Tuesday, September 28, 2010

Banned Book Week and Pink Heart Picks

Today is Pink Heart Picks book club day, so head on over to The Pink Heart Society where I've reviewed Bachelor Sheriff by Paula Graves and find out what we're reading next month. :-)

This week is also Banned Book Week. I'm not a fan of censorship. While I understand parents' concerns about what their kids are reading - heck, I go through it a LOT - I don't believe in taking away the choice. When you look at the most frequently requested books to be banned it boggles.  To Kill A Mockingbird. Harry Potter. The Color Purple. The Lord of The Rings trilogy (for those who get so up in arms for religious reasons, it's called religious allegory).

You know what censorship is? It's fear. And I'm willing to bet that most of the banning requests come from people who have never read the books in question. Let's face it - I hear it all the time with Romance novels. How many times have we heard them referred to as Trash? Ask romance's biggest detractors when they last read one, and chances are they'll admit that they haven't.  They haven't lowered themselves to reading such cheap literature. What a great way to make a judgment. And of course I could go on about the fine qualities of Romance novels but that's a post for another day.

My view is, wouldn't it be better to read it and discuss it rather than dismiss it?

Last week there was a whole kafuffle about the novel SPEAK - do a google of it and you'll see what it's about. As a parent, I do understand wanting to ensure your kids are reading material that is age appropriate. If I'm concerned, I read the book first. If I think there are some situations that the kids can't handle, I recommend we wait until they are a little older before trying it.  Here's an idea: read what your kids are reading. You might actually understand more of what they're thinking. And of course it doesn't matter how old you are, reading is a good thing.

I know there was a big deal made about Twilight so I read all four books before handing them over to my girls. When my eldest started them, she was almost 11. At the time I told her she could read the first two and save the last two for when she was a teensy bit older. She read Eclipse and Breaking Dawn this summer. When I read that one of the main criticisms for Twilight was explicitness, I was shocked. One of my main things with Meyer's writing was how she was able to convey sexual tension with what I'll call "chaste" language. It was all very well done, I thought. Yet at least one person was shocked that I let her read the first 2 at her age. I had read them and deemed them okay. One person in particular that expressed surprise had never read them at all.

I was at the curriculum night for the jr high last week and one of the teachers was asked if there was a list of "recommended" books that didn't have any vampires. I was very pleased with the teacher's response, which was along the line of what's important is that the student is reading. That you can recommend until you are blue in the face but if the subject matter has no attraction for the student then it won't matter. And what they aim to do is make readers out of children. I trust that my kids -at this age - can tell fantasy from reality. And while I have one kid who will read just about anything including the cereal box, I have another who is more discriminating. For me, finding something she is excited to read is key.  A good deal of the time it is non-fiction.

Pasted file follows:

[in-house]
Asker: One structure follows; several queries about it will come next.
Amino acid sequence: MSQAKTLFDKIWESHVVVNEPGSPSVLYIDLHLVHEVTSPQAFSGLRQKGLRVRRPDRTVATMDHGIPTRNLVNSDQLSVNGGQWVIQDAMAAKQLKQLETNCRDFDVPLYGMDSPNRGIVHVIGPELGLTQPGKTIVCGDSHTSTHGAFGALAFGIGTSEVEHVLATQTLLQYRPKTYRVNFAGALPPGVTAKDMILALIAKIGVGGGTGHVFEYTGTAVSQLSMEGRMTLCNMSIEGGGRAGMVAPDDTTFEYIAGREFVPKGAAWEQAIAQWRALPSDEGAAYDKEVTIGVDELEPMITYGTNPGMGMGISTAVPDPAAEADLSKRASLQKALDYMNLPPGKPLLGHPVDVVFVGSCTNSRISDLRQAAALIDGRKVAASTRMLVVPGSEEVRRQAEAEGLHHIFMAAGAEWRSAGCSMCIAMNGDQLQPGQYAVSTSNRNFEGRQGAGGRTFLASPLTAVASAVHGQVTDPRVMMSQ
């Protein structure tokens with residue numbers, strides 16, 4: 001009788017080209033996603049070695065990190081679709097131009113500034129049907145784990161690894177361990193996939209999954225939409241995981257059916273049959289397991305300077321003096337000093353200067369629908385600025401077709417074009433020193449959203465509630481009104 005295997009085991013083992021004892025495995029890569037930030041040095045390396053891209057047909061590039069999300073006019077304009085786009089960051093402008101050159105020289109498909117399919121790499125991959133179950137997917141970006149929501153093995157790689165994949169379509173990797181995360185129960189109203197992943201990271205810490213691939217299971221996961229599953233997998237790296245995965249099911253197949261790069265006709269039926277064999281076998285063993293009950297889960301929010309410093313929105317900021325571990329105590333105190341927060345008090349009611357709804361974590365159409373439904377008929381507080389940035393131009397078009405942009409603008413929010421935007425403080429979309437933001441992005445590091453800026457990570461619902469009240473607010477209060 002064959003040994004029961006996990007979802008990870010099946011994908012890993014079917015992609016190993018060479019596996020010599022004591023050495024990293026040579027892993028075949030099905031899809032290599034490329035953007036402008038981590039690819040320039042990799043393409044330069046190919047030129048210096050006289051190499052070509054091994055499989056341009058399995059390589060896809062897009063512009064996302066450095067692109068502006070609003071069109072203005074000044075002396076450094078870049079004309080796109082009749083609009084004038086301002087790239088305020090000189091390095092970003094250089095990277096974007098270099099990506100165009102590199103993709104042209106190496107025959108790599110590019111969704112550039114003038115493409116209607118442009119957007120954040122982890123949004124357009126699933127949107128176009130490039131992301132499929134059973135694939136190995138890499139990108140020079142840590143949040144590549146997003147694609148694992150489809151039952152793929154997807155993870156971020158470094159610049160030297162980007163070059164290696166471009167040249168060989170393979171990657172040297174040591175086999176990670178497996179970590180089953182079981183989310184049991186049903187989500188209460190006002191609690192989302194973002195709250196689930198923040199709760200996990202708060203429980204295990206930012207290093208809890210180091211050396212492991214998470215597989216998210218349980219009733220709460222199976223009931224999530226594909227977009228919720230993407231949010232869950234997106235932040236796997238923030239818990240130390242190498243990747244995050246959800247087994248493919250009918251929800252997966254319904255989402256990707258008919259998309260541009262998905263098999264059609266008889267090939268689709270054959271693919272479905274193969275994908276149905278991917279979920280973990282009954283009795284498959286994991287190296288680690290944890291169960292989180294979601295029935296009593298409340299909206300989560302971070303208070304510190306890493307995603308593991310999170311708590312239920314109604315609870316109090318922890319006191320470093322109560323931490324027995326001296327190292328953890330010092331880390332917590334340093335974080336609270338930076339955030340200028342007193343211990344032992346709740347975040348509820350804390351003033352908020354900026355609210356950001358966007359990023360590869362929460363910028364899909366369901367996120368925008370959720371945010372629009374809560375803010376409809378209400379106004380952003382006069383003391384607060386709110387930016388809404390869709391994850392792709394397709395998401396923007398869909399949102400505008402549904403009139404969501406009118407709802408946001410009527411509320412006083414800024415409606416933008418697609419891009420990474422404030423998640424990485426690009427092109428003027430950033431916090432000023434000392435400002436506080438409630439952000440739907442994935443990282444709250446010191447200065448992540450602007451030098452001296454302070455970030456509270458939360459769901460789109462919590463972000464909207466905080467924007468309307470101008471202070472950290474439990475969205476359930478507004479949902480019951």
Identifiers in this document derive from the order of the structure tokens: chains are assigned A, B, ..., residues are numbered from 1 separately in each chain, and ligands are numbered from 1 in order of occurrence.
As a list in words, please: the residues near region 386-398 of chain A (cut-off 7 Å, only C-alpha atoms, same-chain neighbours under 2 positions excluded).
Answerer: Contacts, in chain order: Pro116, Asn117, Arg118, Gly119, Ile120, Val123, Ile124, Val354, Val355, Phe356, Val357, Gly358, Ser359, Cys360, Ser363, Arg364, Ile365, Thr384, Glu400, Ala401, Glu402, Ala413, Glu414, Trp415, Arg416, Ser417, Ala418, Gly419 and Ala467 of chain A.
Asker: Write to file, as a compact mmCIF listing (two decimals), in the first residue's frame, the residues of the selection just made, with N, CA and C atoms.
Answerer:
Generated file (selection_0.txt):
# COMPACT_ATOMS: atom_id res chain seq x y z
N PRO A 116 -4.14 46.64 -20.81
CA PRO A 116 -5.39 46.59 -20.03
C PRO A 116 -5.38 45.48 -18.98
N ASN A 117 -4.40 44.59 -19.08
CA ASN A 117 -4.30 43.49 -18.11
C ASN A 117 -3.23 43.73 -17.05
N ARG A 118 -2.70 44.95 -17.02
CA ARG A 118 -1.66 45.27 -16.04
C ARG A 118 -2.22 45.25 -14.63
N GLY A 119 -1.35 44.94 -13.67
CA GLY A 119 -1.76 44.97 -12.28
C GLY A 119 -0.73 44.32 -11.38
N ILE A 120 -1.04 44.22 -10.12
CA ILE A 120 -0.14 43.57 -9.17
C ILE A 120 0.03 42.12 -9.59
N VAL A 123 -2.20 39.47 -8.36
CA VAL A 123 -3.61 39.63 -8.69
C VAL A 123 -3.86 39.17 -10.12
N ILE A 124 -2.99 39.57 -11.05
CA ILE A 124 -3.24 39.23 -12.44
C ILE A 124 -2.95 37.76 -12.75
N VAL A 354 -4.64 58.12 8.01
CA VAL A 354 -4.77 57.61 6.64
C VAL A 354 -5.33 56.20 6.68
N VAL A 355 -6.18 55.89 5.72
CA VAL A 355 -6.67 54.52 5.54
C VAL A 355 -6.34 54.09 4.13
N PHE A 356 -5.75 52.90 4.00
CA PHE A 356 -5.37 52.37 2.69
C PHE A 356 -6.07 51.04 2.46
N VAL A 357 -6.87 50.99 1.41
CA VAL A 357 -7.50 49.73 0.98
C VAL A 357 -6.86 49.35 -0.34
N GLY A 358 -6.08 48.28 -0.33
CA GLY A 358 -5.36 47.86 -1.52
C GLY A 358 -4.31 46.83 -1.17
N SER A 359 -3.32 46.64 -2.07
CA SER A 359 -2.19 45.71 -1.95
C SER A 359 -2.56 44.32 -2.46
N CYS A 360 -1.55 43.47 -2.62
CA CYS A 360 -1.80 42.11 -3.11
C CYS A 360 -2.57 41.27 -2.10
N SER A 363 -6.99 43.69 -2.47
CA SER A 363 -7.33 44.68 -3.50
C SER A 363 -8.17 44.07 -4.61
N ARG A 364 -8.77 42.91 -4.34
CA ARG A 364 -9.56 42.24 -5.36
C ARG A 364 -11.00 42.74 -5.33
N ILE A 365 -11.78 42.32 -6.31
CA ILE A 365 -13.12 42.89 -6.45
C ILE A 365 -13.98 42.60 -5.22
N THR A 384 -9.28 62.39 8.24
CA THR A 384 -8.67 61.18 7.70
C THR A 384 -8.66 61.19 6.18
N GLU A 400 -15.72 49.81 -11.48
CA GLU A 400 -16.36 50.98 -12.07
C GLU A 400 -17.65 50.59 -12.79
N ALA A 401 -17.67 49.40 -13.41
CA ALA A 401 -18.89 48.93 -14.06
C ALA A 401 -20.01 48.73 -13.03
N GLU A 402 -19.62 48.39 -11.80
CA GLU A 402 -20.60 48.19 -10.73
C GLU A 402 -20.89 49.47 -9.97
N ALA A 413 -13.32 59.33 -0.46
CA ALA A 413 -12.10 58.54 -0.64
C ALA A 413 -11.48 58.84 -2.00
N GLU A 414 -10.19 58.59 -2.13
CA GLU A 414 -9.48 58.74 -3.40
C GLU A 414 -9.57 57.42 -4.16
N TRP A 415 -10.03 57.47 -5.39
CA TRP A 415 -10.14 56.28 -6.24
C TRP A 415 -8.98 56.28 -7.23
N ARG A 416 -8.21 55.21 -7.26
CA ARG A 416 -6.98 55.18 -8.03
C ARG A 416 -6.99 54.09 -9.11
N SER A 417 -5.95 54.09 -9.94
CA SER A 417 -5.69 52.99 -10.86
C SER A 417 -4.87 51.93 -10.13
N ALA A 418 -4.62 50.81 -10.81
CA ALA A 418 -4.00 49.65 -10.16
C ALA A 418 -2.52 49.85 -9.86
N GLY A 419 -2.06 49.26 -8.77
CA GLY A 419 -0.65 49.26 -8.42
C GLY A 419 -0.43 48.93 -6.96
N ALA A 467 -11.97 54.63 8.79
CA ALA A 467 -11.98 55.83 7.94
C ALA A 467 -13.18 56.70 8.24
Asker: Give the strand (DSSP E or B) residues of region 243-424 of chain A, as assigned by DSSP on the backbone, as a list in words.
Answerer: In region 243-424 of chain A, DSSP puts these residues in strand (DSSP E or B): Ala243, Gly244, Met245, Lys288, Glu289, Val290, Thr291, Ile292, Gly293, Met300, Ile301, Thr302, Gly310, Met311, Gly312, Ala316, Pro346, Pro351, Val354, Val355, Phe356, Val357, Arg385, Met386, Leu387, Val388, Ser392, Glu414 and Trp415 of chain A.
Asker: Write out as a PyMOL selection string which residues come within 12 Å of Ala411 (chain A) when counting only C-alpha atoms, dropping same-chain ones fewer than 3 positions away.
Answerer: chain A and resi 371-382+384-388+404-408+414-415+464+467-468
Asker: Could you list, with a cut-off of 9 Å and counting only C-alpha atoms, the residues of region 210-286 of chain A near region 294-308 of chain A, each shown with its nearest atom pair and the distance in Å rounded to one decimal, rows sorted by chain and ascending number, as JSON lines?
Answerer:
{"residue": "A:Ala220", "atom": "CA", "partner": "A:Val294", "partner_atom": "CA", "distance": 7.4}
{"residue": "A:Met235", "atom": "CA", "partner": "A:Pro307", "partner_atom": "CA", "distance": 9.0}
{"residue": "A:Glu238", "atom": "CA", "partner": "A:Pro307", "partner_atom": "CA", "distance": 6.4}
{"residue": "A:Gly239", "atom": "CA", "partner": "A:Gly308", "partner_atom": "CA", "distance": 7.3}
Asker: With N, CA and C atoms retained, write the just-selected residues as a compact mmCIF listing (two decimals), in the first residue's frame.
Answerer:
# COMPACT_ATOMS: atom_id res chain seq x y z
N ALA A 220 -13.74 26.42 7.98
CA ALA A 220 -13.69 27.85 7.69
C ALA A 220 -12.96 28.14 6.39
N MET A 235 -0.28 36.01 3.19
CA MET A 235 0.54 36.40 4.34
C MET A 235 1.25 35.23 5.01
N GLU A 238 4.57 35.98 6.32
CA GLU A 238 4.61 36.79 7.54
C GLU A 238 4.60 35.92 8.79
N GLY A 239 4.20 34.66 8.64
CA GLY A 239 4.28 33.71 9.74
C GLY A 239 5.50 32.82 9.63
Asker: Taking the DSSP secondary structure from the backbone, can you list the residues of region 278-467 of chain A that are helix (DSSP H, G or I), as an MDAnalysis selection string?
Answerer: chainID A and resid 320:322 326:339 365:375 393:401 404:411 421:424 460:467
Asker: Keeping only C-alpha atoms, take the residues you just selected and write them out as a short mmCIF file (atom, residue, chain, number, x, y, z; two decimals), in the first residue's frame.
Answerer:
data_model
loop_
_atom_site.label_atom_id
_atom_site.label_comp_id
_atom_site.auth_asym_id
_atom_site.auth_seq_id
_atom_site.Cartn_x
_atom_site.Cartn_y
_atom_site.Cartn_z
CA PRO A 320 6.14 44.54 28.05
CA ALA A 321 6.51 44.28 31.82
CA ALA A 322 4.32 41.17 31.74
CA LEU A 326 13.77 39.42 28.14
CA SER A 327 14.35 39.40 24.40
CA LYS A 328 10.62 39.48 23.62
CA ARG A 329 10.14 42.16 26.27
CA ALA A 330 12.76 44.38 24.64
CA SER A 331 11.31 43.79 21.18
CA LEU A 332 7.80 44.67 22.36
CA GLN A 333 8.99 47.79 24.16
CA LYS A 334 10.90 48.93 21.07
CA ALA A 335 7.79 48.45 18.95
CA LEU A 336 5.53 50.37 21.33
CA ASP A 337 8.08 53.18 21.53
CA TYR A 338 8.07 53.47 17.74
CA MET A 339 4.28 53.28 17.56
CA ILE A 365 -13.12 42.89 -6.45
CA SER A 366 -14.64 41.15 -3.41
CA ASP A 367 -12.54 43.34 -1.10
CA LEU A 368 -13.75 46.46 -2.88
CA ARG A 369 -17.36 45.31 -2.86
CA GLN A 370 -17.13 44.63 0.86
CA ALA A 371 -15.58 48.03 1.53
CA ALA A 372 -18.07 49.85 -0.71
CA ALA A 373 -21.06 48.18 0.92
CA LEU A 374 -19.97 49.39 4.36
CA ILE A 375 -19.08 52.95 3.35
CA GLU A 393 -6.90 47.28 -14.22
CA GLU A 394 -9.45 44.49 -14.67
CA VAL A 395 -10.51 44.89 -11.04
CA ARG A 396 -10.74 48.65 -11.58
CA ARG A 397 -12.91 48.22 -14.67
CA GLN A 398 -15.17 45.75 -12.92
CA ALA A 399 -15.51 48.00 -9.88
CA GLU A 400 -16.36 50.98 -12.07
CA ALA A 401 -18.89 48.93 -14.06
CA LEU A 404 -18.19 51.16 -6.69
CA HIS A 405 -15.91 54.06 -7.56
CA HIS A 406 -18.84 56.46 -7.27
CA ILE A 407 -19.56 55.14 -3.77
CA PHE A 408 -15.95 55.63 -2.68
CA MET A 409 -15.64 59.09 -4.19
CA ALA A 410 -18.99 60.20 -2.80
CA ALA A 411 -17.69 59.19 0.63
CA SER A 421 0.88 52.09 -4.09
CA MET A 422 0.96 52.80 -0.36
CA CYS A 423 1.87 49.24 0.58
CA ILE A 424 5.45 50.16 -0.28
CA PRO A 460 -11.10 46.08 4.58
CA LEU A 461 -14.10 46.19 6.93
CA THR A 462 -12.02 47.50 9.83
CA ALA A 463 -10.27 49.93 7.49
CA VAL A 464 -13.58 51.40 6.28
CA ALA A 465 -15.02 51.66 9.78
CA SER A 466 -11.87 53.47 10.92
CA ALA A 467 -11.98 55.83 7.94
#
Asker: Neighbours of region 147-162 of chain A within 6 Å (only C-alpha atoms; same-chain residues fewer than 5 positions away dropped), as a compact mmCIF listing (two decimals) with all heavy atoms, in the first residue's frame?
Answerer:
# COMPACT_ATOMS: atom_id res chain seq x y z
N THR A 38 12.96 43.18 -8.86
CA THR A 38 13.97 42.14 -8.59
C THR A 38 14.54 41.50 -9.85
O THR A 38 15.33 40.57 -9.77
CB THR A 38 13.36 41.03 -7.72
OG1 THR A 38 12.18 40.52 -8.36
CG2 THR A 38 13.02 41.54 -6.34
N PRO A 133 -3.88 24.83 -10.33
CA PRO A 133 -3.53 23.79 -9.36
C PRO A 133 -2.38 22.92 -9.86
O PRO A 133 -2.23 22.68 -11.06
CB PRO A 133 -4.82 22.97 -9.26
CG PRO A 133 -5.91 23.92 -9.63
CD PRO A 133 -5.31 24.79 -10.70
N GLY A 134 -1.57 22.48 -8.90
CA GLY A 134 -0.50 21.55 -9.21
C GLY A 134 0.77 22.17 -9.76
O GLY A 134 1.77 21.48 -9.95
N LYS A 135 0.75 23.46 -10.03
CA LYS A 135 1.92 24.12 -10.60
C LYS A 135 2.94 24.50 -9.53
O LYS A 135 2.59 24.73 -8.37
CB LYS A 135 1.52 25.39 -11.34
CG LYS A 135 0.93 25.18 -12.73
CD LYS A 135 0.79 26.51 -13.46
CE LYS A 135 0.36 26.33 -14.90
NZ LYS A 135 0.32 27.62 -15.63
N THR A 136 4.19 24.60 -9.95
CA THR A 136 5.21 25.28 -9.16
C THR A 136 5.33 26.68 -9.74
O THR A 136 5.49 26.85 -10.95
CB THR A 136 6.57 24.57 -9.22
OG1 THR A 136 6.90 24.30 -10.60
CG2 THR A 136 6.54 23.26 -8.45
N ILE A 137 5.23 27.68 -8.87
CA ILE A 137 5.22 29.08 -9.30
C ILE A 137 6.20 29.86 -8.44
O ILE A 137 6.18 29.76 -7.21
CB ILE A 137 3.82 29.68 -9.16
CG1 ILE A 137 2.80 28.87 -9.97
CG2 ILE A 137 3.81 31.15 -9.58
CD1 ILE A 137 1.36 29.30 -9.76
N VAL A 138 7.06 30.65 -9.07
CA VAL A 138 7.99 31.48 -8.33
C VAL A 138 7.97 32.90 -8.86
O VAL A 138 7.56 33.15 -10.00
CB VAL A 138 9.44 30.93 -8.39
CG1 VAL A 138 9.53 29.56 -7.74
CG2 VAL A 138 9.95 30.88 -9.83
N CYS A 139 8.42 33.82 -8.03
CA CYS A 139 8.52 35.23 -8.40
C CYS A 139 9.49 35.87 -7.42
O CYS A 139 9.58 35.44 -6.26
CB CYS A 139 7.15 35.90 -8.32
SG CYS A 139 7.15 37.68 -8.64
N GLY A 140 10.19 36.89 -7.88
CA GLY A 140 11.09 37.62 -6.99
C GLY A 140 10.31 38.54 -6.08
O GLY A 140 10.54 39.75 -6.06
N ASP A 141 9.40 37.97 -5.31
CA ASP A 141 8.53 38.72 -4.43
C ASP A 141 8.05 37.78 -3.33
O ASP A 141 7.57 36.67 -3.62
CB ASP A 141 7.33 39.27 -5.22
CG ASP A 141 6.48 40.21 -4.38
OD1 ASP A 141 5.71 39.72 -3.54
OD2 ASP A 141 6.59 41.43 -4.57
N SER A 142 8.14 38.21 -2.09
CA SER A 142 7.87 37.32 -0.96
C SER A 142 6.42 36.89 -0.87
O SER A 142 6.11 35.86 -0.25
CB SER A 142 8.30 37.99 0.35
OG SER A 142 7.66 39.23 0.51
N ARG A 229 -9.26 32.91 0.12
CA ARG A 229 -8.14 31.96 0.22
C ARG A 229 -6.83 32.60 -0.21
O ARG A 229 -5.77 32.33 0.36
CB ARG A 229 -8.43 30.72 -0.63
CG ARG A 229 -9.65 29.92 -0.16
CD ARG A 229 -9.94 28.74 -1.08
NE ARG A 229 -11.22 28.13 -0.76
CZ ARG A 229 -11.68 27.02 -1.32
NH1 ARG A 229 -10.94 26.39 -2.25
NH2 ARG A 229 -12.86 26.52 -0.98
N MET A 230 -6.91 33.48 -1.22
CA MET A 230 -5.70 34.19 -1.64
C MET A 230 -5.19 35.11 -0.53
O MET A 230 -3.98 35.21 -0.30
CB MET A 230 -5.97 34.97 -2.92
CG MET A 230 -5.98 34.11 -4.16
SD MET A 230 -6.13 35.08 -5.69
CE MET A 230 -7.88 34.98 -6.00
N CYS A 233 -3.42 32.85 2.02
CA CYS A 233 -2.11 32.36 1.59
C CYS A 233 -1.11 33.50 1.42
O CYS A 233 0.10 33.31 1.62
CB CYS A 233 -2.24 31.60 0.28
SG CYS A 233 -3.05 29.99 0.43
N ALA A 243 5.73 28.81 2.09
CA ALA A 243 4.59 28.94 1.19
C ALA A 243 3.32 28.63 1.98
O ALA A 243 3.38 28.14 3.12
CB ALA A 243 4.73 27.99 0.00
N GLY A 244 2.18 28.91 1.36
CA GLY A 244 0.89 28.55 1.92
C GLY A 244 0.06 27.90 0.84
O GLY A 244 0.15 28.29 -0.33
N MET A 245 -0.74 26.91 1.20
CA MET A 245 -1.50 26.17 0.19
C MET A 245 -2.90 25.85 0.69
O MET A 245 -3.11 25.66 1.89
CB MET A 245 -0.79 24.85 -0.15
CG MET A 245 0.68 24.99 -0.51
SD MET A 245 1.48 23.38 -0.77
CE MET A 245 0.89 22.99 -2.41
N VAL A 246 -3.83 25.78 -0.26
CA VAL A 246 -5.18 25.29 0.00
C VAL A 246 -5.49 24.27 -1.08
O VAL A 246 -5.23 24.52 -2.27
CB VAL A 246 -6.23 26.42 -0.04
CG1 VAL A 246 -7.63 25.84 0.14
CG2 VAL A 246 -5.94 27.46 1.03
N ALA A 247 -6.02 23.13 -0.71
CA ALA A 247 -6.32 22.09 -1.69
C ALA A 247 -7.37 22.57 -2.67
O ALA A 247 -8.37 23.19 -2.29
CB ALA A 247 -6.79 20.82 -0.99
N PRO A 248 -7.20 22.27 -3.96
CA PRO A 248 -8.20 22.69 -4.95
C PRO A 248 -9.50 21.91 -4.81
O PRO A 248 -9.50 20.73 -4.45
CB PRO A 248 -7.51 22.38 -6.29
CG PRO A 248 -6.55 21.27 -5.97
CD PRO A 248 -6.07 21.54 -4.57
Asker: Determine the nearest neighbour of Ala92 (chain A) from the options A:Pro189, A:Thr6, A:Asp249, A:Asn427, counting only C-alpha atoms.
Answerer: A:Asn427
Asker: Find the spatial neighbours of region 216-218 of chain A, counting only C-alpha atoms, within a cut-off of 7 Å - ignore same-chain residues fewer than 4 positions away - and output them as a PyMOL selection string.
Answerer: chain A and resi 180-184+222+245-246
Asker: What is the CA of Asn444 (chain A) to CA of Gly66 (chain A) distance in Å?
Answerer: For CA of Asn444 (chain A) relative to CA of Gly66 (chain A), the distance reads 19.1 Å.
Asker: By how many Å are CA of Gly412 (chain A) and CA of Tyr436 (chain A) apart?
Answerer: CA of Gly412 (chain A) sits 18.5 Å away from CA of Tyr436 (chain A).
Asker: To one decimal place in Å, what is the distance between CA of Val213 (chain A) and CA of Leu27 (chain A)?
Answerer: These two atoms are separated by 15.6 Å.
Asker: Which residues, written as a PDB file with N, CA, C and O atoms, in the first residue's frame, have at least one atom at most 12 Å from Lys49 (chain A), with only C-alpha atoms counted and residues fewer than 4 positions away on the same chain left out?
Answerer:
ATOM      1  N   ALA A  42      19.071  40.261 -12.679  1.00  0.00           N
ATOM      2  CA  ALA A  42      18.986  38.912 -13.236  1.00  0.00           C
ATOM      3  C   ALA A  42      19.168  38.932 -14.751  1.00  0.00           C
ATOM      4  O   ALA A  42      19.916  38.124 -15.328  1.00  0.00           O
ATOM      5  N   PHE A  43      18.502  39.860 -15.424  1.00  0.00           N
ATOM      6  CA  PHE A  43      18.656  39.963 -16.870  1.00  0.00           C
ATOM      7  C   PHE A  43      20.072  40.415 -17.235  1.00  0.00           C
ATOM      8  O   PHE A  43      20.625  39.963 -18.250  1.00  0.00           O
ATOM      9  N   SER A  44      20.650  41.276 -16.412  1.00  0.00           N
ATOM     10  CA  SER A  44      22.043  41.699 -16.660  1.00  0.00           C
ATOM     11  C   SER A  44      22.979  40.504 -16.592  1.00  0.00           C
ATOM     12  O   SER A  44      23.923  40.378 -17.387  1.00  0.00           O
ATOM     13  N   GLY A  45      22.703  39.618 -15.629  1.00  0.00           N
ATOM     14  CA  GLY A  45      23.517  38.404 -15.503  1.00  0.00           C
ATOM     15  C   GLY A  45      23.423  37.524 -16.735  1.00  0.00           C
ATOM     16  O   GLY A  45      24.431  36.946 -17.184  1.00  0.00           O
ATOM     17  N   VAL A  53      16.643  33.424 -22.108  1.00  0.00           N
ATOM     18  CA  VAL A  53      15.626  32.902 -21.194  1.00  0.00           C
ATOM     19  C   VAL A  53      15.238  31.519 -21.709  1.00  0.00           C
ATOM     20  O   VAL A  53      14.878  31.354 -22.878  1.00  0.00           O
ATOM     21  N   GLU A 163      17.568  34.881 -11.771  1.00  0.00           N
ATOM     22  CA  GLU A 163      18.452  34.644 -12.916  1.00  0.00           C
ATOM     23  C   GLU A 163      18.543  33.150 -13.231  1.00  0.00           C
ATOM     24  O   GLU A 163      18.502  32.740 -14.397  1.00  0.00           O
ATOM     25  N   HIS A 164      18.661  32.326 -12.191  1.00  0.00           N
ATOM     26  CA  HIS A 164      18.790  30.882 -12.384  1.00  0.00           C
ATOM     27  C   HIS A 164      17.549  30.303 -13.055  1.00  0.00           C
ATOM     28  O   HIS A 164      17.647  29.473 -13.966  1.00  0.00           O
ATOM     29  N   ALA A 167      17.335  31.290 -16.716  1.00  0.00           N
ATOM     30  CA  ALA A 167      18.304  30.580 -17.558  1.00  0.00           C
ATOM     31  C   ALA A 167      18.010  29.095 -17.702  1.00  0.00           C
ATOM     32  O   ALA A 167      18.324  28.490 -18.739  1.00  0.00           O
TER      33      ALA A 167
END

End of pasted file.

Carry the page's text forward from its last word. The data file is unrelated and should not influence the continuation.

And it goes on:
The thing is, nearly every book out there has a legitimate gripe about it. We can start banning and then we will have nothing to discuss.

Or we can appreciate the freedom of choice and read, learn, and open our minds. Maybe we can make an educated judgment. And maybe, just maybe, we'll be better people for it.


  1. Bravo, Donna. That's a really good, reasoned, measured post. How can anybody make a reasonable and informed judgement from a position of ignorance?

    Let's hope that people who are full of prejudice will read this, think about it and then maybe start to see things in a different way.

  2. Fabulous post Donna! I had no idea that To Kill A Mockingbird was on the list! I'm a baffled. It was one of my high school assignments!

  3. Well, the "list" is just the most requested titles. Apparently lots of people take issue with the language in TKAM.

    And a staggering number of requests are for young adult literature.

  4. Another Bravo here, Donna. I've even heard comments that girls should be discouraged from reading Anne of Green Gables because Anne isn't a "strong enough" (read feminist enough)heroine. Does that mean the whole history of literature should be wiped out because those authors wrote from the viewpoint of their own time? I agree that censorship is about fear and ignorance. Discuss it, don't dismiss it.

  5. Anne:

    Worked hard and put school first
    Used her imagination and thought for herself
    Never considered marriage a "career plan"
    Furthered her education, worked as a teacher, and then went on to university
    Never settled for "good enough" but went for "wonderful" in Gilbert
    Went on to raise wonderful children.

    Not feminist enough? Gosh, for the time period, she was nearly revolutionary. I consider Anne a wonderful role model for my girls. Strong, ambitious, imaginative, compassionate. Hmph I say!

  6. Anne of Green Gables not feminist enough! You've got to be kidding!

    I grew up in the 60's AOGG was such a different role model then the majority of female role models in literature.

    I love your blog, Donna. You might want to consider writing as a career choice. ;-) Your comments are articulate and well thought out. Thanks for putting this topic forward.